Tuesday, January 25, 2011

Nazi rhetoric

I happened to be flipping channels past Fox News last night and caught a couple of minutes of Sean Hannity's program, in which he and his guests were raking Democratic Congressman Steve Cohen from Tennessee over the coals for having the audacity to call the Republicans' continued repetition of the phrase "government takeover of health care" a "big lie," as in the kind of big lie that Nazi propagandist Joseph Goebbels liked to repeat.  How dare these Democrats compare Republicans to Nazis!  How outrageous!  "But it is a big lie," I started yelling at the TV. "And the Congressman wasn't calling Republicans Nazis; he was only saying they were using propaganda techniques similar to those used by the Nazis."  I could see that none of Hannity's guests were ever going to deal with the substance of the Congressman's criticism, however, only his reference to Goebbels; so I changed channels in an effort to keep my blood pressure down.

Maybe Hannity & Co. have a point, though.  We should probably just acknowledge that Nazi comparisons are inherently inflammatory.  Maybe it's best never to compare anything anyone does to anything the Nazis ever did.  Nobody listens to you when you do that, so the only thing you accomplish is to rile up your supporters, and give your opponents grounds to ignore the merits of your criticism, and focus on the unfairness of the Nazi comparison.  One would therefore expect that Fox News personalities would never make such comparisons, especially since they were so quick to express outrage at Congressman Cohen's remarks.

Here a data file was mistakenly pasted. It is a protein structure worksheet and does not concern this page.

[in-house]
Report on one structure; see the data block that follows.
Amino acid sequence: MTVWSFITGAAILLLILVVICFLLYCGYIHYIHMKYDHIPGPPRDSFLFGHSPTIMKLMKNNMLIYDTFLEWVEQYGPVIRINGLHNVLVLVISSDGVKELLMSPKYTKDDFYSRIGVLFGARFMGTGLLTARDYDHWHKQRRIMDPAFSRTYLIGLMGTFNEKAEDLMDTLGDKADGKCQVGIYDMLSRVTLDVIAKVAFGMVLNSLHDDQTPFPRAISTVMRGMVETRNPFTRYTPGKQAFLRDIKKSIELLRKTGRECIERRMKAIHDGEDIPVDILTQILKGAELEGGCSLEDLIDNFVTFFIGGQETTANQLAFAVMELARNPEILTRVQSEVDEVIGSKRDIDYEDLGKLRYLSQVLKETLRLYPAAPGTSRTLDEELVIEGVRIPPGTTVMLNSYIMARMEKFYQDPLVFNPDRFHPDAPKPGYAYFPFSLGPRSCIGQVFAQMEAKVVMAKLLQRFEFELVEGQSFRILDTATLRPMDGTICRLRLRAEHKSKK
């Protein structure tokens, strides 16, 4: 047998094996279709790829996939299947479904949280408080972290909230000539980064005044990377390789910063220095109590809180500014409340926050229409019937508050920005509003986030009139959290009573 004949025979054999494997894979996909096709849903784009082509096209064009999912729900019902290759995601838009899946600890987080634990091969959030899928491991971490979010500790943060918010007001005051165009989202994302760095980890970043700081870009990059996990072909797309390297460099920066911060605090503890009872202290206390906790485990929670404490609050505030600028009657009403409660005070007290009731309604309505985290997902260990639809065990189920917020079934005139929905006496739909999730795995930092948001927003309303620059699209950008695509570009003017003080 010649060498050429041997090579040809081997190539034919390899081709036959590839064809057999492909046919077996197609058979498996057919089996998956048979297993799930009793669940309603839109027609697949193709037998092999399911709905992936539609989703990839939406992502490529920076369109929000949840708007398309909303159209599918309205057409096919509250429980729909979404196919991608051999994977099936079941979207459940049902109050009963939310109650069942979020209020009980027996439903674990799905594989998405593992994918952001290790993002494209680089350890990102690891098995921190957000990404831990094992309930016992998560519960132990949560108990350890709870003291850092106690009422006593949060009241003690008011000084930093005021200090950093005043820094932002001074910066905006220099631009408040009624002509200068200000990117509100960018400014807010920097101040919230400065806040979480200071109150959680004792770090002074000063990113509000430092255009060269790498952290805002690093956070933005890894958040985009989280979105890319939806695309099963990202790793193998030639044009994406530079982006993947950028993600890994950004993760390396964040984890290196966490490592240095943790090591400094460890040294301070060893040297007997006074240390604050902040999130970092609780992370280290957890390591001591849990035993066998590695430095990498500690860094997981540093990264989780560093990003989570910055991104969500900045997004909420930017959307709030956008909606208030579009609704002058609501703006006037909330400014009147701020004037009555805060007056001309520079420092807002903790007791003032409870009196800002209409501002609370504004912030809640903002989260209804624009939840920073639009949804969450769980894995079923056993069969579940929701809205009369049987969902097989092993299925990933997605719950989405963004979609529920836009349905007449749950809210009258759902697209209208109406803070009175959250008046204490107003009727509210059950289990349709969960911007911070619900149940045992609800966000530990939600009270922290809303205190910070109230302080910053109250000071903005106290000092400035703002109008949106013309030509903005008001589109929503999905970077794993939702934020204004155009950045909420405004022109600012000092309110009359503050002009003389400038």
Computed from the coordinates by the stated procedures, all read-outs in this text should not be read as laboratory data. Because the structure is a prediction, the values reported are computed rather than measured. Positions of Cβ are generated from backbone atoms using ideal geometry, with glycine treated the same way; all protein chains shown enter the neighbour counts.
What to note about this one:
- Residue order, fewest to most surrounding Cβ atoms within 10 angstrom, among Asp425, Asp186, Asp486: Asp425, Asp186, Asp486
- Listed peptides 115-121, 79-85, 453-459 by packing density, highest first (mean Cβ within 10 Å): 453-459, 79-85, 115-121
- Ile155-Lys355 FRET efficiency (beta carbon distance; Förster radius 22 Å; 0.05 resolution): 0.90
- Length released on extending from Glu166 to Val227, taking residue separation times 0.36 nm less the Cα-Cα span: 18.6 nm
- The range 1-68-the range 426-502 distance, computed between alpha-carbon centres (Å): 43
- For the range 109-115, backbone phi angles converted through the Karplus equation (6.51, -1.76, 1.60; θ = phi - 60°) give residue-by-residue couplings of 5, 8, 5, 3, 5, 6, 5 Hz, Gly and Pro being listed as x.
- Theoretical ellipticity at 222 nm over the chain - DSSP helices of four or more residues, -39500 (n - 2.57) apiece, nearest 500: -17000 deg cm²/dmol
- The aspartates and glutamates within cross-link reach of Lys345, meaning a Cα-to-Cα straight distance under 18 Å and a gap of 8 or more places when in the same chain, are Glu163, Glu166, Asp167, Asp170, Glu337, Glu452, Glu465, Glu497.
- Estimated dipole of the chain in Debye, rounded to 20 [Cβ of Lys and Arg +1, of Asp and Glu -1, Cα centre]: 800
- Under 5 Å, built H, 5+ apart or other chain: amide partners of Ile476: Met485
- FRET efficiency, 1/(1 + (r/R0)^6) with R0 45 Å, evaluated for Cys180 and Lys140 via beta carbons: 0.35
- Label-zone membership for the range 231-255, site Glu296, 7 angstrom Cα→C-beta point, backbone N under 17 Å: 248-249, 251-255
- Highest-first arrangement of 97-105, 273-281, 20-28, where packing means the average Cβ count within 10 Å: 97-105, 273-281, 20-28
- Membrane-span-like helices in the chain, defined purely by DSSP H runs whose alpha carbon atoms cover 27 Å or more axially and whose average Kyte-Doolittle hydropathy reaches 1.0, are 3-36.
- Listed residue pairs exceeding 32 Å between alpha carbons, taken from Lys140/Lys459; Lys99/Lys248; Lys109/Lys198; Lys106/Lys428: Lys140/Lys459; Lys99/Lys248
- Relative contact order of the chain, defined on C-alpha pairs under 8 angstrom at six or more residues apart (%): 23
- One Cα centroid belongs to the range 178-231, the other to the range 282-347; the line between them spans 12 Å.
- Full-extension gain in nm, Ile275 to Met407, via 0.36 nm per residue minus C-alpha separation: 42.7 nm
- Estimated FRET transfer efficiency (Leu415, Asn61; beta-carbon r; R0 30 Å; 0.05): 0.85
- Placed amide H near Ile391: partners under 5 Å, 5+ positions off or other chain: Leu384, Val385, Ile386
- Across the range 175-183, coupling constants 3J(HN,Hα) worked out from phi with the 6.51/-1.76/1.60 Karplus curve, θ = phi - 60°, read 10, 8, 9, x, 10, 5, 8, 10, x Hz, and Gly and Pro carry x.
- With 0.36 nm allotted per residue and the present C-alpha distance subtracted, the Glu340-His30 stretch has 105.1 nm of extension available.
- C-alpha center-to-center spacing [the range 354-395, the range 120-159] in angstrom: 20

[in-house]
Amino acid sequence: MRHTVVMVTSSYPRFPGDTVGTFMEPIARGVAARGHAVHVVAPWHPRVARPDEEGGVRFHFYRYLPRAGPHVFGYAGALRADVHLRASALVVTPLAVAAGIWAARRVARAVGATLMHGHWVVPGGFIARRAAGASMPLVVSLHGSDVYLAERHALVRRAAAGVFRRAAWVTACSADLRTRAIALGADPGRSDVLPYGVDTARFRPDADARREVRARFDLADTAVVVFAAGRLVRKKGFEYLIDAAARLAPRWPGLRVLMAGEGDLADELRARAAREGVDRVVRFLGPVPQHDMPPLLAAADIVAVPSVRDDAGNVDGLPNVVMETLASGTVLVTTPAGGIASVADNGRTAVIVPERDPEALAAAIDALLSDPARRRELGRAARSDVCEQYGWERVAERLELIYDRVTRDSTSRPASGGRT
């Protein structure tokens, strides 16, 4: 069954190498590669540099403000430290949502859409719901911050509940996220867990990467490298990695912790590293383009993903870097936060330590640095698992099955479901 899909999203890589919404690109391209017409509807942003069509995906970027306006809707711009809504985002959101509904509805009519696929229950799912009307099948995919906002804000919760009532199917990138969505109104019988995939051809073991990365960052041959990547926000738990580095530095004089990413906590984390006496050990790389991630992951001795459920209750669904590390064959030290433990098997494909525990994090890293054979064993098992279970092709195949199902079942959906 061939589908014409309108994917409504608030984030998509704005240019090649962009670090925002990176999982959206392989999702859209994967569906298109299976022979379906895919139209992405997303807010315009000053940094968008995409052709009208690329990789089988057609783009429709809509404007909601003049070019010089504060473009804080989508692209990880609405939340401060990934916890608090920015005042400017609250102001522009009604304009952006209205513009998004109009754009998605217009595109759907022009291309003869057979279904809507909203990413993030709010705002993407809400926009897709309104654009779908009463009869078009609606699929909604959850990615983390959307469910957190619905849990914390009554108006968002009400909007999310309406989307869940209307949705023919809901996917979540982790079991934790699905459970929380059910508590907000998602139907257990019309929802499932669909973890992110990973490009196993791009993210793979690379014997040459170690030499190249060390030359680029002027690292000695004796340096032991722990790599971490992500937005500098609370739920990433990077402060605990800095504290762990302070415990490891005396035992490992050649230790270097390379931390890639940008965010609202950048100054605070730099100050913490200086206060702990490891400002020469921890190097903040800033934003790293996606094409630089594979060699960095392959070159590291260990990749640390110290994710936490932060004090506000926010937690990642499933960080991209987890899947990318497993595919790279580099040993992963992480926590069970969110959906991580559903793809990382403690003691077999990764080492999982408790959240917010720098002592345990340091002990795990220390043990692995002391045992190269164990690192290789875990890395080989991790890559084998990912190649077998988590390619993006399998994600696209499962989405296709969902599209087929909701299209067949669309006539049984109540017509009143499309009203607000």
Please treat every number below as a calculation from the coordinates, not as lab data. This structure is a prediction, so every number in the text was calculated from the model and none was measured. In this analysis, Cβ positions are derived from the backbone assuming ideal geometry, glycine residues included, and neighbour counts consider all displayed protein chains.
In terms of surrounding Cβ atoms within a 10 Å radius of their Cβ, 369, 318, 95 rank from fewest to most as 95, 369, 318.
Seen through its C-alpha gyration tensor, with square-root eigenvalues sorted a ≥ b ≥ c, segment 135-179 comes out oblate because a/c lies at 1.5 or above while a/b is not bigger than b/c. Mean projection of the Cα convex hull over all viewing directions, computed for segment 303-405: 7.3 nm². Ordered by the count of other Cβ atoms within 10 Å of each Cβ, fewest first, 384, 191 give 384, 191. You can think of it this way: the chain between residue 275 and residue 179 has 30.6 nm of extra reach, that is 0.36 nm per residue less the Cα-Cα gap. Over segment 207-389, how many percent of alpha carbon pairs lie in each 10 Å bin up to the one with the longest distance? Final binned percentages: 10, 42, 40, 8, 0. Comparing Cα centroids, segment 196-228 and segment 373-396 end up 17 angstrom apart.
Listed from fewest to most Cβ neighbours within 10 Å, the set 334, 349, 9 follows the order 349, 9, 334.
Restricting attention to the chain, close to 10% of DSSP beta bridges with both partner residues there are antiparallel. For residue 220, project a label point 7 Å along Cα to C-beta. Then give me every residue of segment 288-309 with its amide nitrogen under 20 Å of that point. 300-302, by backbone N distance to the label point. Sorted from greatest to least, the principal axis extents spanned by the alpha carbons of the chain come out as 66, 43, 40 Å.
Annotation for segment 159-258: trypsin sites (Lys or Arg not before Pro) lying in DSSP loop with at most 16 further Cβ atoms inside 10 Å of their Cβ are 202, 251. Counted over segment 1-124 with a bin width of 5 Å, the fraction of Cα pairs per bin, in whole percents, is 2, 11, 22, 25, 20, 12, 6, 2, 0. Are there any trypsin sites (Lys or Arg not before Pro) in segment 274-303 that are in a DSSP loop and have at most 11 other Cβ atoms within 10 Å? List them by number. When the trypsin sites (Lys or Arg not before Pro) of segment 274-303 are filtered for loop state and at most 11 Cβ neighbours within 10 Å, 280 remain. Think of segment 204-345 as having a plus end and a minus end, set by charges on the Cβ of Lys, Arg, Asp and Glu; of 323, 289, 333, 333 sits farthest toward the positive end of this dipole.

Leave it to Jon Stewart to compile the evidence of Fox's hypocrisy for all to see.  Luckily his staff watches Fox News so the rest of us don't have to:



The Daily Show With Jon StewartMon - Thurs 11p / 10c
24 Hour Nazi Party People
www.thedailyshow.com
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I wonder if Megyn Kelly realizes that she looks ridiculous.   I'm also happy to see that Jon Stewart doesn't mind looking ridiculous himself.

5 comments:

  1. Good to see you comment on Cohen.

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  2. There is too much Nazi talk on both sides.

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  3. I am currently watching the series documentary "Third Reich" on the History Channel. It is hard to watch but it is real and it is history and it has value.

    In my view, any politician who goes to the Nazi comparison has his head burried so far up his rear he loses all credibility. There is no credible reason, not even for propaganda comparisons.

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  4. I actually think that Congressman Cohen had a valid point. And it is hard to talk about the theory of the "big lie" without talking about Nazi propagandists, or Soviet propagandists, who mastered the theory of the big lie. The problem is that Cohen's point gets lost as soon as he mentions Nazis, because people deliberately misconstrue what he said and express phony outrage that he compared Republicans to Nazis. Meanwhile those same people feel perfectly free to characterize the left as Nazis or Socialists. So you're both probably right that we should all just stop using the Nazi references.

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  5. Both sides tell big lies. I know, I hear them with an open mind. I wonder if I am alone in hearing that both sides do that. I wouldn't say it's fair to say both sides do it but the right does it more. Or both sides do hate speech but the right does it more. That simply identifies one's political position. It is equally offensive equal! Having said that, there is no question, the Nazi references should stop.

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